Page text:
I’m sure this has been said here a million times and in a million ways but it’s something I’ve thought about often throughout my career. Every project, no matter how good or bad, no matter what the budget deserves the best you can give. Not only for you reputation and for the opportunity to grow but because you never know who is listening.
Some of my first professional work was scoring direct to video B movies. I did a lot of them and this was right when the CGI monster genre was born, the one that paved the way for movies like Sharknado. I scored a killer cockroach movie, a killer wasp movie, even a movie with giant komodo dragons whose saliva would turn anyone who came in contact with it into a violent zombie. I scored movies that reused footage from other movies including Rambo and Terminator 2. In fact, I scored the same scenes from those movies over and over again, each time with different lead actors being cut in. And each time I wrote a new theme and somehow found a new way to say the same thing musically. This was my music school.
None of these movies had any chance of winning an Oscar but each an every one was an opportunity to write the best score I could. And I did, every time. I’m not saying the scores were amazing either but they were the best I was capable of doing at the time and hey, some of the themes are actually pretty decent even 20 years later. I once scored a scene in a monster movie where a woman swam topless in a lagoon for 5 minutes. 5 minutes! A completely gratuitous and cringey scene but I scored it like it was Legends of the Fall.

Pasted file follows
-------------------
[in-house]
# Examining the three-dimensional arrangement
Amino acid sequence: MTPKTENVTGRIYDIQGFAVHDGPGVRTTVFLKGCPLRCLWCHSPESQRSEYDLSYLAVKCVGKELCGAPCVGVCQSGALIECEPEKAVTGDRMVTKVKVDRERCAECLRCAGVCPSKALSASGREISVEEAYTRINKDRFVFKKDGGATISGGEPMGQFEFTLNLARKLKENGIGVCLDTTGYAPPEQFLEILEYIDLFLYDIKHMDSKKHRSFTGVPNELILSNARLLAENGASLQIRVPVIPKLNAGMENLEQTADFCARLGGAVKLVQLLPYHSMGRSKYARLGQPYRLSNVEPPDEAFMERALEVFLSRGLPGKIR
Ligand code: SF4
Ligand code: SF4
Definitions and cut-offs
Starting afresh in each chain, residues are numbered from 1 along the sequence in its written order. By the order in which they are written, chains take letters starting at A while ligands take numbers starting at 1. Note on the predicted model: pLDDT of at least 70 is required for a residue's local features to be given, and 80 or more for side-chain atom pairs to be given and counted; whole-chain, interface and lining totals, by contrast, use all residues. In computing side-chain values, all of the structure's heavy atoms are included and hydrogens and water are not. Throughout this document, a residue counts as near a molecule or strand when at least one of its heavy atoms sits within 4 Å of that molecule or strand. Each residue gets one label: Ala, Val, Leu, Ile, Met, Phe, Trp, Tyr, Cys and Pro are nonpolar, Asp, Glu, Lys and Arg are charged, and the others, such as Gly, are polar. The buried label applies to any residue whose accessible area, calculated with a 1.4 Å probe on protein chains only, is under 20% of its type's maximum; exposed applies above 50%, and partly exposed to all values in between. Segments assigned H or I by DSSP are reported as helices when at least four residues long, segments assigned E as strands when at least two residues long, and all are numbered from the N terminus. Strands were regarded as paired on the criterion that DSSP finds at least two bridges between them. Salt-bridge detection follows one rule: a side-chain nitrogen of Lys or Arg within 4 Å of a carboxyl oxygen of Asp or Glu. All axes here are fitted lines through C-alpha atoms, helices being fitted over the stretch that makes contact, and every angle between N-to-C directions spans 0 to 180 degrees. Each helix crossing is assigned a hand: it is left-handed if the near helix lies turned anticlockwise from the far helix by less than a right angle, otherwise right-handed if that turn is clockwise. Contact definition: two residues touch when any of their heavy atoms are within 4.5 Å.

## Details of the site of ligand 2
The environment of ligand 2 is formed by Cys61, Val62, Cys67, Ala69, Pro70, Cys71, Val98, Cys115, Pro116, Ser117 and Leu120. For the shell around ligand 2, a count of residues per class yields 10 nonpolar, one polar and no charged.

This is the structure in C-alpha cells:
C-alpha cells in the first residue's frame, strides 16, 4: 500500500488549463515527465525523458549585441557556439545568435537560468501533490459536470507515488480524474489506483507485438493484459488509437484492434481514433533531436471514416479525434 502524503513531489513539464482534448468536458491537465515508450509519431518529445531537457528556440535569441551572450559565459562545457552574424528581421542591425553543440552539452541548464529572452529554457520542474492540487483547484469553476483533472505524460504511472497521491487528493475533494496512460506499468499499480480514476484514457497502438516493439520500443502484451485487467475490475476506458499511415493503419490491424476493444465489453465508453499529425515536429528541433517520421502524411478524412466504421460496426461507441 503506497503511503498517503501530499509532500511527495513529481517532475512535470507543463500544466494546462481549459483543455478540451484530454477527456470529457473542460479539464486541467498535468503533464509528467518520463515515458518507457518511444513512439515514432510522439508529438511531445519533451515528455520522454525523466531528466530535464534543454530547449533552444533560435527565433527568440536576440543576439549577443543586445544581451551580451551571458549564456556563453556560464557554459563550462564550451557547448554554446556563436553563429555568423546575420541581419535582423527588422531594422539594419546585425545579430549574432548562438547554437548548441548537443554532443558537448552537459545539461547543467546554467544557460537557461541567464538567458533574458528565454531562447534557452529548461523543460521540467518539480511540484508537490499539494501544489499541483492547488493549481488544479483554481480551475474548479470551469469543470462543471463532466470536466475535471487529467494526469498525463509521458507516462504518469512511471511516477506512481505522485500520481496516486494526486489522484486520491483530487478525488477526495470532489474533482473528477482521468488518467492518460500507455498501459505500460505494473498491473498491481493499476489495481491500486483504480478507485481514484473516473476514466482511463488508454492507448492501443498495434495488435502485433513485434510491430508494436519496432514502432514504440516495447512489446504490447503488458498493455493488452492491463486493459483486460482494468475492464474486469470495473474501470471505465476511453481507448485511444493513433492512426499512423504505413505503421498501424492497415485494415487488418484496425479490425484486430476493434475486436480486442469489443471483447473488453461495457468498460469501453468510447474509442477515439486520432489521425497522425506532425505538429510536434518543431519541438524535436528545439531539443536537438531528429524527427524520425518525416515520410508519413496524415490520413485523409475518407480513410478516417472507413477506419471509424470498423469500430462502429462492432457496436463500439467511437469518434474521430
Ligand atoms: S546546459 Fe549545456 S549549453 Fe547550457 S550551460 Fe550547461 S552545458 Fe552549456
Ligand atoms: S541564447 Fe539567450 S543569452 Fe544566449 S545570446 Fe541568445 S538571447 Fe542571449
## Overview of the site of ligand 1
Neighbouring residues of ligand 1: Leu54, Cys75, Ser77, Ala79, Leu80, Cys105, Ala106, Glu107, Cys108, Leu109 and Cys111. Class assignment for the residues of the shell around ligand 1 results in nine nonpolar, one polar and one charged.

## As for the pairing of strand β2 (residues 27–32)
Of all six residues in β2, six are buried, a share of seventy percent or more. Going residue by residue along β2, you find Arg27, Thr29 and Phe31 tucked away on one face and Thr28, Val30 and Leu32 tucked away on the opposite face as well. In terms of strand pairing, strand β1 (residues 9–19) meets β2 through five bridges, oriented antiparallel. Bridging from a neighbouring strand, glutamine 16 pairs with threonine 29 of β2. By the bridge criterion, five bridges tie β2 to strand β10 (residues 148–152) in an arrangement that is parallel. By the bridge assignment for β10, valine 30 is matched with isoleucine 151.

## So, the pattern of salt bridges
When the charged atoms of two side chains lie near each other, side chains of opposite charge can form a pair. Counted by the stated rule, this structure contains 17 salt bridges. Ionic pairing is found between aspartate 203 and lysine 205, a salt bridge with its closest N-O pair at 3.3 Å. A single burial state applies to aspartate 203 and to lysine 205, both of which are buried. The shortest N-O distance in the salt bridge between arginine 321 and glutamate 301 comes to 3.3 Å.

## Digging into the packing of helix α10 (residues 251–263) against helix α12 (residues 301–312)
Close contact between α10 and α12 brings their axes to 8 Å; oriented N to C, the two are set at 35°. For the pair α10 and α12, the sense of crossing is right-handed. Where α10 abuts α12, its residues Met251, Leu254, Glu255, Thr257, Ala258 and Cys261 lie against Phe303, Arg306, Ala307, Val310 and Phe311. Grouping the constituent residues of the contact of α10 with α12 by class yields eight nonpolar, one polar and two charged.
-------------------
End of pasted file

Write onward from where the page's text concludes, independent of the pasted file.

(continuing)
Each film led to another film because the director saw how much I put into every score. The producers took notice and hired me on their next films. The directors of those films hired me for their next films. I’m sure there were other factors as well but if I had phoned in any one of those scores them that would have been the end of the ripple.
You might be wondering now what happens if you don’t want a career that consists of an endless stream of B movies (not that a steady career making music for a living is a bad thing however you look at it). Well, along the way the right people hear the music I wrote for these films. They didn’t see imperfections of the films I was writing to because I wasn’t scoring the imperfections, I was scoring the emotions. They heard the themes that I had pulled my hair out to make the best they could be and the sonic detail that I added to every scene, even the ones I knew would be buried under sound effects. Somewhere along the way the B movie music I had written took me beyond the projects I had written it for.